New program drives transformation
Oct 22, 2019
October 17, 2019
J.P. Morgan’s new program, AreaX, is charged with taking a concept to working prototype within six to 12 weeks, and re-thinking processes across the Corporate & Investment Bank (CIB). As the bank evolves for the future, AreaX is primarily focused on new idea product development and uncovering opportunities to transform operations and workflows. Led by Michael Elanjian, Head of CIB Digital Strategy and Fintech, and Lawrence Waller, Head of CIB Operations Transformation, the global group holds expertise across strategy, product development, process transformation, data science, technology and user experience. The goal is not only to spark innovation, but to quickly determine whether an idea or a process improvement can be implemented at scale.
"By building something functional but without all of the bells and whistles, we can quickly and more tangibly assess if we want to further invest in the offering, or fail quickly and move on,” says Elanjian. “I want us to spend more time doing product strategy validation and less time doing PowerPoint strategy." According to Elanjian, changing a culture is not only about generating ideas, but testing these ideas early and ensuring that failure becomes a source of learning. While accepting failure is a challenge, failing fast and figuring out what went wrong early is much cheaper then developing the wrong product.
The AreaX name represents the global span of the team’s vision and footprint. Elanjian and Waller have organized employees into smaller cadres based on their “area,” or geographic location. The “X” represents an idea that can be applied within the CIB. Before AreaX begins mapping out an idea, buy-in must be attained from the business that will eventually own responsibility for it.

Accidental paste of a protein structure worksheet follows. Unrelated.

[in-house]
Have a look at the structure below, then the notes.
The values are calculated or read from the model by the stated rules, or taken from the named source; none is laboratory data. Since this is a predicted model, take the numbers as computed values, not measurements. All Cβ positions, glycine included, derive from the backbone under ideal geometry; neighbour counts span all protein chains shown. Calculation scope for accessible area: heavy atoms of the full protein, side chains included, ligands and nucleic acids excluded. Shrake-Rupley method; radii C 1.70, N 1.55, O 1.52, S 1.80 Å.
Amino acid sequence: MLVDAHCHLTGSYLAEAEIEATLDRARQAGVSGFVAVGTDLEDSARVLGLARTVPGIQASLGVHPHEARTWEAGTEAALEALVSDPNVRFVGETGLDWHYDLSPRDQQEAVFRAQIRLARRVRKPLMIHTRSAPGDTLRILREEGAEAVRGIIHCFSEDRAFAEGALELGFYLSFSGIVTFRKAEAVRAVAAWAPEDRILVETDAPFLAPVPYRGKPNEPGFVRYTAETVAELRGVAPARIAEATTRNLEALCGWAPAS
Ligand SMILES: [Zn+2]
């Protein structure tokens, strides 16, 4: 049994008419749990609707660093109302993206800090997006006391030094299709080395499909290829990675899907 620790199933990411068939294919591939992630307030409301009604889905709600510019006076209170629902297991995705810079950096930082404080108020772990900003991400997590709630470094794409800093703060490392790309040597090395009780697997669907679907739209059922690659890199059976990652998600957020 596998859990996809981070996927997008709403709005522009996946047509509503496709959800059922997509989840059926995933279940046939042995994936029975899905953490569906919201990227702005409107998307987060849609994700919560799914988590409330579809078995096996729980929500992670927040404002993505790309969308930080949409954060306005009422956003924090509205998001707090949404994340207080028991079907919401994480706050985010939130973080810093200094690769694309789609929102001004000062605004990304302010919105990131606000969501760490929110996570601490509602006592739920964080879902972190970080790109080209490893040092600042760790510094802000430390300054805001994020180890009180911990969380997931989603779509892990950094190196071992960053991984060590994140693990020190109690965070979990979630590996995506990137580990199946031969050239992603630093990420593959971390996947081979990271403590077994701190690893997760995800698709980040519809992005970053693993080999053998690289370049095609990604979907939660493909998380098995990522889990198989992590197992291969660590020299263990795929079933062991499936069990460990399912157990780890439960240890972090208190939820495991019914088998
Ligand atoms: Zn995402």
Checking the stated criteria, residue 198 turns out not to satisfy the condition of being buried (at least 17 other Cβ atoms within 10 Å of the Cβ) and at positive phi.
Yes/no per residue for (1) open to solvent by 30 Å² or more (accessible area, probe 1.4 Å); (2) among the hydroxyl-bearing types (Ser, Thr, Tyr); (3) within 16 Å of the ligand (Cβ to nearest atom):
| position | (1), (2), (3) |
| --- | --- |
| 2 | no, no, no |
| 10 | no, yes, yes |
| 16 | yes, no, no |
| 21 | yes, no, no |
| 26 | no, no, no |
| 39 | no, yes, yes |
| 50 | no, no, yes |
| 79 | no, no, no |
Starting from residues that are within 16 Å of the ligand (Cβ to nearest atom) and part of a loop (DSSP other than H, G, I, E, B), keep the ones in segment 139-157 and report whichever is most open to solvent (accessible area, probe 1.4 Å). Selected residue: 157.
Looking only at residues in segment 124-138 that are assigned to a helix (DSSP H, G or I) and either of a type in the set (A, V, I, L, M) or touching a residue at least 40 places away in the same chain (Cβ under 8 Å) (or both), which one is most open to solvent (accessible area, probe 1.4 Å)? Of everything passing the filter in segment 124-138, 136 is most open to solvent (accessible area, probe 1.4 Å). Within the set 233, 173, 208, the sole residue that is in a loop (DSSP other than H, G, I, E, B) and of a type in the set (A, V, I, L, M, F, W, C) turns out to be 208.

“Gates,” or check-ins, with business teams are implemented throughout the execution phase. This ensures that there is continued business support, that viability of the idea continues to hold and that changes can be accommodated right away. “The firm wants to have the flexibility to pivot and reprioritize should an idea no longer be viable, even at the prototype stage,” says Ashish Shah, who runs the AreaX new idea product development program. Should the prototype receive approval for production, AreaX hands it off to larger technology teams for development.
Core to the AreaX program is the belief that building innovative solutions demands an enhanced level of collaboration between product managers, designers, developers and business teams. Harnessing this expertise requires all stakeholders to dedicate time for design sprints and rapid innovation practices, which need real-time subject matter expertise. This ultimately leads to a more relevant product.
According to Imad Abusam, who leads the Area383 Manhattan digital accelerator, the objective of AreaX is to solve real problems. “A six-week development timeframe requires the team to be strategic and precise when deciding whether to mature the product or stand down,” he says. “In addition to the overall feasibility of the idea, we consider data points such as long-term product strategy, monetization opportunities and current market trends.”
This centralized focus on innovation complements other disruptive initiatives that have been successfully executed at the firm, including an idea competition called Originate. “When ‘always-on’ innovation is combined with the ability to try new things, real cultural change happens at the ground-level of the organization,” says Shah. Originate was an opportunity for analysts and associates within the CIB to submit an idea that solves a specific problem, or enhances an experience for clients or J.P. Morgan employees. Through a rigorous selection process, finalists were invited to present at a senior leadership conference in Miami. Selected ideas from Originate are implemented within individual businesses, or sent to into the AreaX for prototyping.
“A core part of our culture is ensuring that employees feel engaged and able to contribute in a meaningful way,” says Elanjian. “Many of the ideas were provided with funding or merged with existing work already underway, underscoring the firm’s commitment to offering opportunities for its employees to help shape its future.”
Read the full article on Business Insider.